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Digitisation a big boon to Kenya’s economy

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[dropcap]D[/dropcap]igitalisation is changing the rules of the game. The digital economy carries the promise of unlimited opportunities, as the latest solutions for tomorrow’s economy. The first 15 years of the 2000s will probably be considered a turning point in economic history. In this period, digital economy fully came to replace the old, analogue economy. In many industries, digitisation is at the acceleration point on the classic S-curve, indicating where new services, products and technologies are emerging.

Societies are in constant transformation, with “new” ideas challenging” old” ones. The objective that drives change and development is the desire to improve productivity, because higher productivity is the most important explanation of long-term prosperity. Higher productivity leads to higher incomes. Each person produces more goods and services and therefore receives a higher income. Higher incomes can then be used for increased consumption, more investment, more public services, but it can also mean more leisure.

Digitisation is leading to big changes. However, we should be aware that new technologies require many factors in order to have full impact. E-commerce is a good example of this since its roots date back to the late 1800s, with the introduction of an innovative idea: mail ordering.  And even though the Internet was invented in the 1950s, e-commerce (mail ordering via the Internet) started to take off years later, in the late 1990s.

Today, E-commerce is still only about 5% of all trade, which is about the same as what mail-order trade accounted for when it was at its peak. But digitisation affects the way we do commerce in many other ways. Logistics has been trimmed through barcode systems, price comparison sites contribute to better competition and major traditional retailers have implemented e-commerce strategies.

The introduction and adoption of new technology may take time, since many factors must be in place, but the development does not stop. It is important though that laws and other restrictions do not challenge developments. Today, there are many indications that digitisation is transforming more and more areas because many factors are in place. To achieve a significant impact, digitisation has to be widely diffused within the economic and social fabric of a nation. For this to occur, digitisation has to fulfill several conditions; Affordable to allow scalable impact, Ubiquitous reaching most population of a national territory, Accessible by multiple fixed and mobile voice and data devices, Reliable, providing sufficient capacity to deliver vast amounts of information at speeds   that do not hinder their effective use.

Digitisation now touches every part of the economy in our country, this is by: introduction of  e-citizen for faster access to government services, introduction of online filling of taxes by KRA, introduction of digital employment/ freelancing via Ajira Digital, payments have been made easier by MPESA, Airtel Money and Mobile banking technologies, access to utilities has been made easier using digital technologies, shopping has been simplified with emergence of online retailers such as Jumia, Kilimall etc. Also digitisation allows governments to operate with greater transparency and efficiency.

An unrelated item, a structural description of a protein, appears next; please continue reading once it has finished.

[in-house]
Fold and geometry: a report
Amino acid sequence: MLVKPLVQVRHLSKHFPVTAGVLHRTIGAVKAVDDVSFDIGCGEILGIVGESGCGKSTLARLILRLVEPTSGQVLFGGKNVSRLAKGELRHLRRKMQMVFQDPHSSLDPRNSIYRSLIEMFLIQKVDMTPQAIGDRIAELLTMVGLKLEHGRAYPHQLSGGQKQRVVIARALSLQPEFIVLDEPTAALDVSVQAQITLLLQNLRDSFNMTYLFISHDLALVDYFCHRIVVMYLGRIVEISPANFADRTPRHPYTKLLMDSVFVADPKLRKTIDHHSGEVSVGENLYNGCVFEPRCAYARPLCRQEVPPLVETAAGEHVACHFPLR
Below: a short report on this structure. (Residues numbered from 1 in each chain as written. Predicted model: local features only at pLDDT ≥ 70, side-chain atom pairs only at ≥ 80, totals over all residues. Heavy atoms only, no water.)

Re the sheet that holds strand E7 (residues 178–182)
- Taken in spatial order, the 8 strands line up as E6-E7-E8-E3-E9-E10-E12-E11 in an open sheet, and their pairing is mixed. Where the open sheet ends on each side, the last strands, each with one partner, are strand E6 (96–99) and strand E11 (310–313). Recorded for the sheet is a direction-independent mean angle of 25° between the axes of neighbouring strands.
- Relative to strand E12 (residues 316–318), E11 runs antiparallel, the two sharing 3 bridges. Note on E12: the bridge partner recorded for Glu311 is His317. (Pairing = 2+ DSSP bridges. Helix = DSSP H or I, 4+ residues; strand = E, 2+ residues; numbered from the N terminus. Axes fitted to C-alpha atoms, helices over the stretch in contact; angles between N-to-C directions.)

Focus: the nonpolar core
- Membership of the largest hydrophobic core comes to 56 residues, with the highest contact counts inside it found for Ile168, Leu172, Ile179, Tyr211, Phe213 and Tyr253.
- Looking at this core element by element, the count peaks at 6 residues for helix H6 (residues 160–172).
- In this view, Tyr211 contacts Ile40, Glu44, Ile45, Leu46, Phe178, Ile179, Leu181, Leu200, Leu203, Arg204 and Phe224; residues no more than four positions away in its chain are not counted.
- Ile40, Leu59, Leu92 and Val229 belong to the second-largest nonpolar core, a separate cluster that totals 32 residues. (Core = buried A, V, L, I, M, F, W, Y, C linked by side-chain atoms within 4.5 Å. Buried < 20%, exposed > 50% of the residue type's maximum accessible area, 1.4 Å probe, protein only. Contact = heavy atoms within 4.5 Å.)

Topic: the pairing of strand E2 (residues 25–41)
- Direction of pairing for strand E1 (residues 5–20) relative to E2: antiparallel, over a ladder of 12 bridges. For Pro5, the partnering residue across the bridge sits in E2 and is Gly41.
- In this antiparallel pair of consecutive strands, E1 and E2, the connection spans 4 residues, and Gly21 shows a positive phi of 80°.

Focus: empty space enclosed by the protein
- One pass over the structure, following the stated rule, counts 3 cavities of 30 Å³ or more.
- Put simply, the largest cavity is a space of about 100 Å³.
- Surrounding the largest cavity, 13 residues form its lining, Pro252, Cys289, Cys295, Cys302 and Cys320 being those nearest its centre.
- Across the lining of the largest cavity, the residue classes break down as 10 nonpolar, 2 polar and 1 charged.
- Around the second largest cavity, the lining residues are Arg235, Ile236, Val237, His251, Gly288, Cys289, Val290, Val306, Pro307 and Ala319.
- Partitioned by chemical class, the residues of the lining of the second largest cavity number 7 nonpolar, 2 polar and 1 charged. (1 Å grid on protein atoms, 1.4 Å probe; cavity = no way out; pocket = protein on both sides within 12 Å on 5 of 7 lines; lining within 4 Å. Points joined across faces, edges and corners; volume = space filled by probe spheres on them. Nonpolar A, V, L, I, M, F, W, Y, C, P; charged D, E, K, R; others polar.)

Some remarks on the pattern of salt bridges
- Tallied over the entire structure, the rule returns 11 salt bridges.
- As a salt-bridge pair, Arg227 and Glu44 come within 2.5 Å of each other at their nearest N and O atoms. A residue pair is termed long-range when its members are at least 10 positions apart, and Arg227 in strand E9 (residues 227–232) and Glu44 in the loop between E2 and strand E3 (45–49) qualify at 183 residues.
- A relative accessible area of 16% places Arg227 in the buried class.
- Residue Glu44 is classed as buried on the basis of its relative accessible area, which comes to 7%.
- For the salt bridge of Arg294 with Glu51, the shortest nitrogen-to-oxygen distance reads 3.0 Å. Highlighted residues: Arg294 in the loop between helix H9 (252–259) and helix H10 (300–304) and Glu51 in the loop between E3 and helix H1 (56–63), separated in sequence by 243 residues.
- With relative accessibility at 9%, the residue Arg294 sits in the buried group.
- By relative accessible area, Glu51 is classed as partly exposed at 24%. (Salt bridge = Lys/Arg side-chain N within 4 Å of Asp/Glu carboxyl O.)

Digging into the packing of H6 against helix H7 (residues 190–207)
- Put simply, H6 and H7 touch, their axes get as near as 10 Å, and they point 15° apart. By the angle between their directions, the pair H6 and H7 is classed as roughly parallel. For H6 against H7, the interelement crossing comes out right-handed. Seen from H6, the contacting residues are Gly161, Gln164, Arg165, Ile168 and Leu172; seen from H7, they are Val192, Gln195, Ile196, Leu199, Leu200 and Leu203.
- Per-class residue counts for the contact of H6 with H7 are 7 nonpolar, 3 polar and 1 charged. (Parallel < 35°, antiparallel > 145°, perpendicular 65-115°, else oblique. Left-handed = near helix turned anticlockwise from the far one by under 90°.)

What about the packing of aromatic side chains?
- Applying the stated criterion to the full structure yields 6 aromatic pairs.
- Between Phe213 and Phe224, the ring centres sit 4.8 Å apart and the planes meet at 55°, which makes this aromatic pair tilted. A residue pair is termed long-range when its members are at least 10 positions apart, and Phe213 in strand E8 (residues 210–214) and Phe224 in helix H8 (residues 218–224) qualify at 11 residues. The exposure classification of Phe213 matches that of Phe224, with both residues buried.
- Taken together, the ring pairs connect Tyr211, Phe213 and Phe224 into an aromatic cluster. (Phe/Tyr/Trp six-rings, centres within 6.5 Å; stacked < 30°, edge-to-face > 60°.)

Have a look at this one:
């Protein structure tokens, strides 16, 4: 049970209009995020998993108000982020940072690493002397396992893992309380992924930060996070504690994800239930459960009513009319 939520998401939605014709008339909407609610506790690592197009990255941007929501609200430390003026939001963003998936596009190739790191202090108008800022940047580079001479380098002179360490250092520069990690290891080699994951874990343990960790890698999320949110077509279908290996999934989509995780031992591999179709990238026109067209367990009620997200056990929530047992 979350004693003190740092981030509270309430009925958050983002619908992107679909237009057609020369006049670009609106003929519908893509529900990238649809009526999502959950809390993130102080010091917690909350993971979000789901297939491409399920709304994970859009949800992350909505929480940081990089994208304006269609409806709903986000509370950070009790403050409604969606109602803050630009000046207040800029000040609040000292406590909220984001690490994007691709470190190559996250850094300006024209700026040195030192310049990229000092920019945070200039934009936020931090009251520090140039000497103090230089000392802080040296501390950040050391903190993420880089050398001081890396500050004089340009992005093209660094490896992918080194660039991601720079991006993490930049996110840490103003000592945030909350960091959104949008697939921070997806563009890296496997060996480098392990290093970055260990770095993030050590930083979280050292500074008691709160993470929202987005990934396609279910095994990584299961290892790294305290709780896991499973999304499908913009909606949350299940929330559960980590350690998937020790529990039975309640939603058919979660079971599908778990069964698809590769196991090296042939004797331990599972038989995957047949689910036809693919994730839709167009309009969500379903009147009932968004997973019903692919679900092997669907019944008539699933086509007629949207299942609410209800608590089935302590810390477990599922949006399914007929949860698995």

Digitisation has a proven to benefit the country in a number of ways; impacted on reducing unemployment, improving quality of life, and boosting citizens’ access to public services, has led to creation of jobs, it fundamentally reshapes business models, lowering barriers to entry and expansion to new markets, it lowers costs of doing business, it makes advertising easy and measurable i.e. via social networks and search engines, it enables financial inclusion and enables expansion of businesses to new territories.

READ: North, South Korea leaders meet after historic handshake

Digitisation has developed and is challenging old ways of doing things in many areas. For several decades, digital technologies have been playing a key role in boosting the efficiency of process engineering and production processes but digital transformation is capable of even more: It can revolutionise supply chains, disrupt conventional business models and create entirely new business models. The question is how it will change the way we produce goods and services, consume and live. How will people work, consume and live by 2050?  Will it be radically different from the late 2018?

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PETER NDUATIhttp://www.businesstoday.co.ke
Peter Nduati is the Chief Executive Officer of Resolution Insurance Group. Mr Nduati is a chartered insurer with over 20 years experience in the Kenyan Insurance Industry.
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